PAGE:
He will also be known as pope emeritus, emeritus pope or Roman pontifex emeritus. (CNN) Why does the journalist prospect the possibility of calling Benedict XVI "pope emeritus"? Since "emeritus" ...
4
votes
3answers
425 views

Is “libre” understood by native English speakers? [closed]

E.g. software libre Libre Office libre software I want to be/stay/feel libre. Do native English people understand this word or not?
3
votes
2answers
24k views

What does (sic) mean? [closed]

I have seen it in quite a few chats on Facebook and Twitter.
3
votes
3answers
245 views

Does 'sic' behave as any other English adverb?

This question is motivated by my attempt to complement [sic] with some text to clarify the original errors. I wanted to elucidate that the original website erroneously displayed two quotation marks ...
3
votes
1answer
2k views

to evolve in a negative way

In "everyday spoken English", can we use evolve in the sense of the opposite of optimization/improvement? If something evolves, does it necessarily imply that it is for a better, or can it just be ...
3
votes
1answer
138 views

What does 'legislate a priori' mean?

Source: Prof Michael Sandel, Justice: ..., Episode 06: "MIND YOUR MOTIVE" 26:33: It's a kind of practical reason that we share as human beings. It's not idiosyncratic. The reason we need to ...
2
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4answers
1k views

Usage of the word “gratis” in English

As Spanish native speaker, I cannot find the context or usage of word "gratis" in English Language, as example: All apples are gratis. I know (maybe I'm wrong) that it would be better to use: ...
2
votes
3answers
2k views

as such, on their own, per se, by themselves

Which phrase in bold would you suggest to use? I hope it is clear what I am trying to say, but I am not sure about the word choice. Or perhaps I should use a different construction? Also, I hope that ...
2
votes
1answer
91 views

Case of “letters” in this sentence

I was studying Latin, and I came upon this sentence: Magister (boys writing letters) vidit. Translated, it means: The teacher saw the boys writing letters. I was wondering, what ...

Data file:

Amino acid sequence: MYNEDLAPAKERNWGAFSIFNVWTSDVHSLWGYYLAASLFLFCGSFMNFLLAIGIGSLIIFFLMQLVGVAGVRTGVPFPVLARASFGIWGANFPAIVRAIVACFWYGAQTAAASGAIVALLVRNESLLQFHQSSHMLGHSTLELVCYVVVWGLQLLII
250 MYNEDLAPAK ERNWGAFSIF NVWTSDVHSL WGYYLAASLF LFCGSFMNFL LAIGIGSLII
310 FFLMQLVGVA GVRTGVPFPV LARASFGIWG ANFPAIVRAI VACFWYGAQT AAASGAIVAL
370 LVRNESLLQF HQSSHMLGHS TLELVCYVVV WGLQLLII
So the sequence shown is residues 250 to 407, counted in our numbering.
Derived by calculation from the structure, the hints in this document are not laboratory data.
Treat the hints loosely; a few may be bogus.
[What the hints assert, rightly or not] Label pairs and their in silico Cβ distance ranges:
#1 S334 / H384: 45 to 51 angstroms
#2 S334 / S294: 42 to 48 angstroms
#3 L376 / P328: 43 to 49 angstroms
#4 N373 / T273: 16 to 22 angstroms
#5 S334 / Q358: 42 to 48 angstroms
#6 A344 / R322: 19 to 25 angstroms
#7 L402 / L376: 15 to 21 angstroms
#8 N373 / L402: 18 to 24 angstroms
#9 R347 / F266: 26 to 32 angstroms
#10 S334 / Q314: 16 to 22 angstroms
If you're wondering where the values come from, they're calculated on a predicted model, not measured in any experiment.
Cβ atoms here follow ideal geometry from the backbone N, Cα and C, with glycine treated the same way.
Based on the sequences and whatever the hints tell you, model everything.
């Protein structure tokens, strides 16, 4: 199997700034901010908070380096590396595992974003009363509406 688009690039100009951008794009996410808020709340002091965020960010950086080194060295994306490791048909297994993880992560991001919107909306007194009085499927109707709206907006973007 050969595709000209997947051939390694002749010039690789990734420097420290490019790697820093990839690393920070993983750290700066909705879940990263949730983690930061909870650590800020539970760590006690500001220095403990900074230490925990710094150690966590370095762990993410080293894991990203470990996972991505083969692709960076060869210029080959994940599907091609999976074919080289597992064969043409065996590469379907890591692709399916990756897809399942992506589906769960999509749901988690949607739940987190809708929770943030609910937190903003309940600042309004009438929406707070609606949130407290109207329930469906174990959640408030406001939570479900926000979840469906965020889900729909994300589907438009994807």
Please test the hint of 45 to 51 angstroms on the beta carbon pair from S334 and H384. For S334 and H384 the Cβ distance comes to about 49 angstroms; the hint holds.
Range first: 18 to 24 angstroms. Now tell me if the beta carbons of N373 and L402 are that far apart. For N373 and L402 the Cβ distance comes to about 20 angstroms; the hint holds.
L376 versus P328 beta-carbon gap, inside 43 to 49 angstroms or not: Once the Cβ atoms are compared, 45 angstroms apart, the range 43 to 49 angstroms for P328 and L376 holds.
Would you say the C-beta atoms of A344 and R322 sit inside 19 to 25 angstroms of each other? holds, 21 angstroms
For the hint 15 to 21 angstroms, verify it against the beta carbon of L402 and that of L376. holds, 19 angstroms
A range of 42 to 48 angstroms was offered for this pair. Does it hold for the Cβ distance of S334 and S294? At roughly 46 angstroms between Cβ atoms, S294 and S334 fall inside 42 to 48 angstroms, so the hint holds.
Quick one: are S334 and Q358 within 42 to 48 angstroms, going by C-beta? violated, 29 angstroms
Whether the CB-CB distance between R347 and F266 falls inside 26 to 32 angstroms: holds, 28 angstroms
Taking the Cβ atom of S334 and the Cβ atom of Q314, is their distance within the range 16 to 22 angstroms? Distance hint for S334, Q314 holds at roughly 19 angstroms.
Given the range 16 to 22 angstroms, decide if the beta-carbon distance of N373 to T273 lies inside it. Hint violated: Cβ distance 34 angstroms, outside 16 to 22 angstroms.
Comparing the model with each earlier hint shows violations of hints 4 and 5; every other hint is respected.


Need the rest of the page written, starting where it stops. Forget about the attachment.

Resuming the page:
2
votes
1answer
239 views

How to use 'i.e.' in a sentence?

Which of the following ways of using i.e. in a sentence is correct? 1) The elephant is a pachyderm, i.e., an animal with thick skin and nails resembling hooves. 2) The elephant is a pachyderm (i....
1
vote
3answers
665 views

Grammaticality: 'something than which nothing greater can be thought'

Source: pp 158-159, The Cambridge Companion to Anselm, by Brian Davies, Brian Leftow What Anselm describes himself as looking for here he believed he had found when reflecting on the idea that ...
1
vote
1answer
1k views

Prefix and Suffix issue

My question is simple, is there a known reason why the word "prefix" has only one "f" but the word "suffix" has two, "ff"?
1
vote
2answers
85 views

Can in-situ mean in person?

Can I say "I prefer texting to talking to someone in-situ"? I feel like I heard someone say that before. But I am not able to find the source.
1
vote
2answers
320 views

How to understand “per capita”? [closed]

Canada / lets in / more new immigrants / per capita / than any / of the Group of Seven / advanced economies. How to understand "per capita"? Why it is used here? Is it similar to "three meal a day" ...
1
vote
1answer
40 views

Question about ad-hominem

I know it's a latin phrase and maybe it doesn't belong here. But two of my friends are having an argument and one of my friends, who is the head of some committee said "At least try and then complain"(...
1
vote
1answer
950 views

What does “ad hoc” mean? [closed]

I have come throw this word many many times but I couldn't get the meaning of it from the context. It have appeared to me know in an online course on FOL (First Order logic ) when the instructor say: ...
1
vote
1answer
86 views

How do you cite a scholar as in agreement with an argument?

I've noted your conversation regarding the Latin pace, meaning "not in agreement with." Doesn't cf mean the same thing? What terms is appropriate when citing a scholar who is, in fact, in agreement ...
0
votes
2answers
69 views

Phrases in the same family as “vice versa” [closed]

I'm looking for phrases that are in the same vein as "vice versa". Not necessarily synonyms, like "conversely", but other phrases with a similar framework and origin. They don't have to be commonly ...
0
votes
1answer
66 views

different usages of et al?

History's London is closely bound up with England's history. History's London is closely bound up with that of England. History's London is closely bound up with the history of England's. Our ...
-1
votes
2answers
462 views

How to reason the etymology - “to proscribe” [closed]

Would someone please explain the etymology behind this verb? I'm aware of the etymological fallacy, but still want to dredge below and ask not about its definition. Down below on that webpage, it'...